The annual prize series honors 10 comical but practical scientific studies "that first make people laugh, and then make them think." The prize is run by Annals of Improbable Research (AIR), an international scientific humor magazine that satirizes traditional academic journals, and seeks to raise public attention about science.
The event was broadcast live on YouTube and will later air on American National Public Radio.
The recipients of the 2018 Ig Nobel Prize came to Cambridge, Massachusetts, from all over the world — at their own expense — to be honored for the research in a quirky ceremony. They also received a worthless cash prize of 10 trillion Zimbabwean dollars.
People don't read instructionsAmong the awardees on Thursday night was Lindie Liang, a Canadian business professor studying workplace aggression, who took home the economic prize. She determined that allowing workers to take out aggression at their boss through a virtual voodoo doll led to the workers feeling better because "their injustice perceptions are deactivated."
James Cole, a British archaeology lecturer, determined that despite the accepted perception behind human cannibalism, human flesh is not actually calorie-dense.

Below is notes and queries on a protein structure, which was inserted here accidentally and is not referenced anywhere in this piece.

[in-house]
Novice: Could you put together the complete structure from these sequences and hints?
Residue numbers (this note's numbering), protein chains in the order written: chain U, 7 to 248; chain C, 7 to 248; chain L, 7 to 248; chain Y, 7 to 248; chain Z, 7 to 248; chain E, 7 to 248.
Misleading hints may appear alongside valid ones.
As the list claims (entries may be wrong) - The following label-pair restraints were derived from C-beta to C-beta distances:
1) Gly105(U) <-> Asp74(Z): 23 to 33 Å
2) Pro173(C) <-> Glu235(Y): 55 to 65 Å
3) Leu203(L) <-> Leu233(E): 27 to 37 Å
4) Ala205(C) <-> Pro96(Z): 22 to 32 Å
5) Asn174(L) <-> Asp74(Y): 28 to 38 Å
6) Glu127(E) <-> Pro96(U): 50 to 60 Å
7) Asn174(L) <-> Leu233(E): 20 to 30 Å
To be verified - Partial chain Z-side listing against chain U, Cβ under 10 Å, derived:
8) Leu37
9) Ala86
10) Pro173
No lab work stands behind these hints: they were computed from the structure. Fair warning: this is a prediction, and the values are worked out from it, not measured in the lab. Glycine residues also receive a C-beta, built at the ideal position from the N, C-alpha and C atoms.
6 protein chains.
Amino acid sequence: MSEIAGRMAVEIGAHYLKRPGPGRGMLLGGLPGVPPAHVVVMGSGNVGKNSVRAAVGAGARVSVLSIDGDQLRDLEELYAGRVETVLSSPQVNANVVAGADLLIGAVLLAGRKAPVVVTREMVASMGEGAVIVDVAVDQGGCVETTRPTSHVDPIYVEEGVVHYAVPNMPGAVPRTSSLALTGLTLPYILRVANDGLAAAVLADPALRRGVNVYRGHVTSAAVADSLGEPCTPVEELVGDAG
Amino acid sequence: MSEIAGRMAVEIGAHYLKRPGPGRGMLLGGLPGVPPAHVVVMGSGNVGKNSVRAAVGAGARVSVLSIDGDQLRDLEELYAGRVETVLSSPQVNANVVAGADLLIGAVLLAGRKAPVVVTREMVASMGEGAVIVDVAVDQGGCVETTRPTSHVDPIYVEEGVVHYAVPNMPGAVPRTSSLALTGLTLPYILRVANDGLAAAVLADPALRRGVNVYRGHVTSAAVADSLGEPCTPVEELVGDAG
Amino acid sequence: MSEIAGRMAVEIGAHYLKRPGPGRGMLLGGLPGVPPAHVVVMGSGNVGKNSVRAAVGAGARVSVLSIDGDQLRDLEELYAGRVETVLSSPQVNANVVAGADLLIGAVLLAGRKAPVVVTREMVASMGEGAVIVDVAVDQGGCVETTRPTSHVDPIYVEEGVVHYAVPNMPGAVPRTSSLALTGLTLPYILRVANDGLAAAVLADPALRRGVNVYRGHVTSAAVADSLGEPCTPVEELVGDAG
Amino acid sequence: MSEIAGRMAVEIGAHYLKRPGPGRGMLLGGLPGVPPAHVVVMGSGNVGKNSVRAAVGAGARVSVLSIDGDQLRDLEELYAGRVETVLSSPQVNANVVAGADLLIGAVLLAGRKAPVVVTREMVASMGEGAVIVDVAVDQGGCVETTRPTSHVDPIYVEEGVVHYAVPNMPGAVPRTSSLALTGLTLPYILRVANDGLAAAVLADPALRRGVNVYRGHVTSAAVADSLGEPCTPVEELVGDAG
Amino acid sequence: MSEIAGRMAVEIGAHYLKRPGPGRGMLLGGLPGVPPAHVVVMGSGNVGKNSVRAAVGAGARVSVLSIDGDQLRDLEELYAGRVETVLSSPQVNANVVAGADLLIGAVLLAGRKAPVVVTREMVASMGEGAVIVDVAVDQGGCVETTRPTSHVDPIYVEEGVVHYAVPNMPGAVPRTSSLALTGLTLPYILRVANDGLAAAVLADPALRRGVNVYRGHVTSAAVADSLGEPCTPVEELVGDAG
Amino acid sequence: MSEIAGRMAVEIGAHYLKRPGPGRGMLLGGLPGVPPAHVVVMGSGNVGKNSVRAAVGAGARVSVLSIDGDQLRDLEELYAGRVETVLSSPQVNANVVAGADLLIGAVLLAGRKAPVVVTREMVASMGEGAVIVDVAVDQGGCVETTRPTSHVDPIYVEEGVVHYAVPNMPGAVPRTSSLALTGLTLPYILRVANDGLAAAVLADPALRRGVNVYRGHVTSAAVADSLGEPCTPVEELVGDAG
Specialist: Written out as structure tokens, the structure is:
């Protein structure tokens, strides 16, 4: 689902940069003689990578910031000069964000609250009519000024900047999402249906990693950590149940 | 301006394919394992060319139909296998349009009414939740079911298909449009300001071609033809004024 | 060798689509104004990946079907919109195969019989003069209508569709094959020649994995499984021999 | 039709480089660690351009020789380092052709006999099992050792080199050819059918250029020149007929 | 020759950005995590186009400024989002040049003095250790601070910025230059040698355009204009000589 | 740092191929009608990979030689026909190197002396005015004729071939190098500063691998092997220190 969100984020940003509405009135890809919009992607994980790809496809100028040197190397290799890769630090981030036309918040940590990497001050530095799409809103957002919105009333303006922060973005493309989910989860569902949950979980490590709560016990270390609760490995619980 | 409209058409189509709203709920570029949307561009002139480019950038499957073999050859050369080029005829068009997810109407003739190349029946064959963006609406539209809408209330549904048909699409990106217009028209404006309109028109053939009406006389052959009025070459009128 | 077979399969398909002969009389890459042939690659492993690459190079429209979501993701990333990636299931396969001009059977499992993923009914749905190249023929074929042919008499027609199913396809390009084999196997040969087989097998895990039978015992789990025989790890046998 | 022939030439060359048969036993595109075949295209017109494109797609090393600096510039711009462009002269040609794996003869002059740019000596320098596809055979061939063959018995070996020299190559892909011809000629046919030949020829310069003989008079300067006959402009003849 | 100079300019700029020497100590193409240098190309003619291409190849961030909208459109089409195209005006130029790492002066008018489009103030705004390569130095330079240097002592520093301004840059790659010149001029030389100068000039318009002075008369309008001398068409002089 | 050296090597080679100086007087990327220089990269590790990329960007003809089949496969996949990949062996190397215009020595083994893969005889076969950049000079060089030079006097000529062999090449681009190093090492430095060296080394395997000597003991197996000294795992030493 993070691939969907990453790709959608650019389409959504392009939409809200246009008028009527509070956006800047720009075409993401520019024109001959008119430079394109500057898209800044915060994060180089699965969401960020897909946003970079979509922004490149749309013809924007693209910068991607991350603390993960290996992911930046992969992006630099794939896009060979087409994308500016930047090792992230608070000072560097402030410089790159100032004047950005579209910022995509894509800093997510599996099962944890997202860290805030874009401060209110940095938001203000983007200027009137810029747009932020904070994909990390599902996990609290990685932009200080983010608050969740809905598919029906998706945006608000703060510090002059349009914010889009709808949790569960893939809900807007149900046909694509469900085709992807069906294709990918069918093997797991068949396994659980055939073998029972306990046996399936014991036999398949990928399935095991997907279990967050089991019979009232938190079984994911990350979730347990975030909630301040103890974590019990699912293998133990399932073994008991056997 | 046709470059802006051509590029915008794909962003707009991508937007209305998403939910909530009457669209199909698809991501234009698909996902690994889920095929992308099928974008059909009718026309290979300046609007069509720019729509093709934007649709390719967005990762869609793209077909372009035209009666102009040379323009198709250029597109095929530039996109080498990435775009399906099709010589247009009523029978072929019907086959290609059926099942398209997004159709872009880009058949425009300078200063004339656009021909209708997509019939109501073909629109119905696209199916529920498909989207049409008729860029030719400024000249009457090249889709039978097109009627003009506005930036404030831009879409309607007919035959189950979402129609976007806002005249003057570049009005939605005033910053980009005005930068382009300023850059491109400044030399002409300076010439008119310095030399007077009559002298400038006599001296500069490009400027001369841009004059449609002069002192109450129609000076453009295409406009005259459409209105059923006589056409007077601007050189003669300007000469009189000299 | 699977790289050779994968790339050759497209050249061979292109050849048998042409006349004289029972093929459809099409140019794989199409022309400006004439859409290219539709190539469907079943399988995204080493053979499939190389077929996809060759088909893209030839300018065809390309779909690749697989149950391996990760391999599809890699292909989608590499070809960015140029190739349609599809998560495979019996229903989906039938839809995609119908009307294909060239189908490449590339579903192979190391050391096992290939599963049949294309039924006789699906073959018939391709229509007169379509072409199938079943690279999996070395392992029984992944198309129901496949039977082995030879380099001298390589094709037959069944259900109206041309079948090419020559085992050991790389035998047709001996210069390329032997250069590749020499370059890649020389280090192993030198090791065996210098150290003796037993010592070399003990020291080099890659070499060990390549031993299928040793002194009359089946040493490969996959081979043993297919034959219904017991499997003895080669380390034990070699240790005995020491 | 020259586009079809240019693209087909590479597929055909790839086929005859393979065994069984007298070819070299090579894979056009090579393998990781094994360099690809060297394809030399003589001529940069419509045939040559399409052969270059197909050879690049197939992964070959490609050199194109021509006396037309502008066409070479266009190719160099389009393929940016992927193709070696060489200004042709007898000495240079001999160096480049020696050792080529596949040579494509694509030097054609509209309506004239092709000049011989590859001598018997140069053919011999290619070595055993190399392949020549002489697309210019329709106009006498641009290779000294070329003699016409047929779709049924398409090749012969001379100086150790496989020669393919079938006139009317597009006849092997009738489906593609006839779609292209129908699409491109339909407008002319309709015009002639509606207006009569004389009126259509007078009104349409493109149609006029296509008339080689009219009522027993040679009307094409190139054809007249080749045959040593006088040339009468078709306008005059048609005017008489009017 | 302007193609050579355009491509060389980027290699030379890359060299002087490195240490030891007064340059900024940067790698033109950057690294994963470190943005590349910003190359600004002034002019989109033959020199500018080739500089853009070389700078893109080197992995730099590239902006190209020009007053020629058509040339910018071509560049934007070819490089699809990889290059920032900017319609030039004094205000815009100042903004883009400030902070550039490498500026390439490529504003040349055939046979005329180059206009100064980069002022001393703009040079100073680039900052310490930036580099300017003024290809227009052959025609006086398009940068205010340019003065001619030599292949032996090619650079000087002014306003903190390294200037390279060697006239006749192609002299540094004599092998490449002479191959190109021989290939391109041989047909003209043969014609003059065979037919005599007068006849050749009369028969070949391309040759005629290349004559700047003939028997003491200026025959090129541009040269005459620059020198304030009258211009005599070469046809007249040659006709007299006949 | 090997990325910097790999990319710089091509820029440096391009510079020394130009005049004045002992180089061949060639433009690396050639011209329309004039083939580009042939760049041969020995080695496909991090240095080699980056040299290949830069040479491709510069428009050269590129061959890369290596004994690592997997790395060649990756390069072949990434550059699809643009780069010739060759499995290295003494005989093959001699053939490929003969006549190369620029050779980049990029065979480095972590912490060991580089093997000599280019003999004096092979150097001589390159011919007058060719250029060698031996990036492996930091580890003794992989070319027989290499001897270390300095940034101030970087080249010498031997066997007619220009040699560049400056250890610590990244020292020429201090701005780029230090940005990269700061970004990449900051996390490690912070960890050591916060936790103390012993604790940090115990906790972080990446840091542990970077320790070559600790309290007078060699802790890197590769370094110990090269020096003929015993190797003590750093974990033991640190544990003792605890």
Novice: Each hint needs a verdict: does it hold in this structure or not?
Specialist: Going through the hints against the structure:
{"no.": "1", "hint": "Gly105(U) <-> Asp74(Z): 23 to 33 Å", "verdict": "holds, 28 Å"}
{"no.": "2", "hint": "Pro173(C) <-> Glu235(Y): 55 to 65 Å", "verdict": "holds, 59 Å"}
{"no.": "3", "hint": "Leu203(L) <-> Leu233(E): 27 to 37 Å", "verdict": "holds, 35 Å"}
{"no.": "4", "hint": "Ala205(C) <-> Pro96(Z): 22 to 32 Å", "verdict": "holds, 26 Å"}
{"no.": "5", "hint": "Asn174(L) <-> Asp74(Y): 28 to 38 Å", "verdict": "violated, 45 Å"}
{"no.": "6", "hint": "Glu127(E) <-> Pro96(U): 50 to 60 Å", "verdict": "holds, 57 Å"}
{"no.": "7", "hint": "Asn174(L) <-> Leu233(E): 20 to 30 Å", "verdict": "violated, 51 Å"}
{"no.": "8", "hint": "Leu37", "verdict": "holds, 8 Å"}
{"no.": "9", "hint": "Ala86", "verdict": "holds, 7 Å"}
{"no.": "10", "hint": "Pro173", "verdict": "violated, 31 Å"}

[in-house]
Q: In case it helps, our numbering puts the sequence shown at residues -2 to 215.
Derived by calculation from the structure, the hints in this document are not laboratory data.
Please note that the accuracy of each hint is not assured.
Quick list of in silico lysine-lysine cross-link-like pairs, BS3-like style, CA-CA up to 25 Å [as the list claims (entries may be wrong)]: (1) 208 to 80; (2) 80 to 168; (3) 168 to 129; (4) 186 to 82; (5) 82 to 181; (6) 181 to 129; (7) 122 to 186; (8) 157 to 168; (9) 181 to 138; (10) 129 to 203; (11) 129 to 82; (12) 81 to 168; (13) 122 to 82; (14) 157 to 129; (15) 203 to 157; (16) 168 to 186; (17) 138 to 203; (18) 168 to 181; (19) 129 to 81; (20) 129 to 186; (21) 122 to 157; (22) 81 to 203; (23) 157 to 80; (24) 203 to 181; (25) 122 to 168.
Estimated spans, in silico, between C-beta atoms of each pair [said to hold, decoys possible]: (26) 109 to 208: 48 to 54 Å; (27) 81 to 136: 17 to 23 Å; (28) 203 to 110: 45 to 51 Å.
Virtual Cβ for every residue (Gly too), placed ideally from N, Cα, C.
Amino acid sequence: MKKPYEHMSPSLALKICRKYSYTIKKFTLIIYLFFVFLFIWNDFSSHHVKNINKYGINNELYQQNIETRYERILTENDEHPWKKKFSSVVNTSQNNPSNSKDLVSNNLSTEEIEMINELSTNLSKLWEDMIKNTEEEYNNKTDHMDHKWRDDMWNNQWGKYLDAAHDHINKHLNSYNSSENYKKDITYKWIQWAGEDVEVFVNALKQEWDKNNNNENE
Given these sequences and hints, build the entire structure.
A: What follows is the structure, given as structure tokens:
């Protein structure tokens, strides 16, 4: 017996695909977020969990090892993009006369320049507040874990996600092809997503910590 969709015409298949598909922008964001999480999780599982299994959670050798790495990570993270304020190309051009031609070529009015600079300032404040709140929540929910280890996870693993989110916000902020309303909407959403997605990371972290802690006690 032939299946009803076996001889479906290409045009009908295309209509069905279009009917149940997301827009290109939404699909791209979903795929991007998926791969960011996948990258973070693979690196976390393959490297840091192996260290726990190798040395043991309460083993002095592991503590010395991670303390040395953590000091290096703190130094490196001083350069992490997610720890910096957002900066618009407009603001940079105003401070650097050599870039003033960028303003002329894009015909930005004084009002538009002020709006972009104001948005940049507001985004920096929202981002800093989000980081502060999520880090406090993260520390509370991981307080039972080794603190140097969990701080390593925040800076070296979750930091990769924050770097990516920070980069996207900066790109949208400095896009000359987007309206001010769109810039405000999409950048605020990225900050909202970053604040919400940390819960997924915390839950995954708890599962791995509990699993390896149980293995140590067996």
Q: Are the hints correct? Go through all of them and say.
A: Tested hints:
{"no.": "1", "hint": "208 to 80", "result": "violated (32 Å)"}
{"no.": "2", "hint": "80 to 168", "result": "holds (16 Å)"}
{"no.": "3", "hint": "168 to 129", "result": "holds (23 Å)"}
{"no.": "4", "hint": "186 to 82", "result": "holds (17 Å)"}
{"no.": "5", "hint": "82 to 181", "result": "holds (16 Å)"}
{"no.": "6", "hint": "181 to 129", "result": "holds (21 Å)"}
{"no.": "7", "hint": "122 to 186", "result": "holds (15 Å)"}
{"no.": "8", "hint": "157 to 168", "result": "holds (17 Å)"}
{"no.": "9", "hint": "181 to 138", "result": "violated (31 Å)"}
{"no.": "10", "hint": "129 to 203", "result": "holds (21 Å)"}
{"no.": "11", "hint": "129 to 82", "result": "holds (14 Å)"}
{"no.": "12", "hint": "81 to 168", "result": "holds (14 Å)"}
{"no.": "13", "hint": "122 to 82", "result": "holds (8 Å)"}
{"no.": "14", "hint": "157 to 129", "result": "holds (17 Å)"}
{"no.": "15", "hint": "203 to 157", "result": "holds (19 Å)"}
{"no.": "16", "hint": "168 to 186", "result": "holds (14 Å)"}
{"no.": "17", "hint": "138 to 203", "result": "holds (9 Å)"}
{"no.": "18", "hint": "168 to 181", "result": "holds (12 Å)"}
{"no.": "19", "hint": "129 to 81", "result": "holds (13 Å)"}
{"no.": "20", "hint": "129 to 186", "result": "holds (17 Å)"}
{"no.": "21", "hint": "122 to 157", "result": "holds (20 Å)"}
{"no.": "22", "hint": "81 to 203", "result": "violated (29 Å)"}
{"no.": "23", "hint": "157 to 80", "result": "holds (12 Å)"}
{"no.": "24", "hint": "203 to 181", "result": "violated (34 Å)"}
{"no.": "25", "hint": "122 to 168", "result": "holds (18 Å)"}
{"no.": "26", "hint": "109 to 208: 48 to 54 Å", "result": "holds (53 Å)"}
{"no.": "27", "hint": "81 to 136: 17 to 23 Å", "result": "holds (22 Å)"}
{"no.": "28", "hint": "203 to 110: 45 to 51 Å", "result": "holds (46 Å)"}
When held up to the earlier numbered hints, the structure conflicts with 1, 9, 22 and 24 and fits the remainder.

"We're not super nutritious," the recipient of the nutrition prize said.
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Dr. Akira Horiuchi, a Japanese pediatrician, was honored with the medical education prize for his at-home, seated self-colonoscopy procedure, while a group of Spanish traffic researchers took home an Ig for measuring the frequency, motivation and effects of shouting and cursing while driving. The team, which found that one in four drivers yells or curses behind the wheel, won the Ig peace prize.
Other prize categories included medicine (kidney stones can be passed more quickly on roller-coasters) and literature (most users of high-tech products don't read the instruction manuals).
Traditional humorous ceremonyThe theme of this year's ceremony, which took place in Harvard's Sanders Theater, was the heart. The event included the premiere of "The Broken Heart Opera" as well as the traditional paper airplane deluge.
AIR and Ig award founder Marc Abrahams emceed the evening while actual Nobel Prize laureates handed out the awards to the winners.
The winners' speeches were kept to a strict 60-second time limit, with 8-year-old Dorothea Hartig as "Miss Sweetie-Poo" interrupting them with her annually-repeated complaint, "Please stop. I'm bored."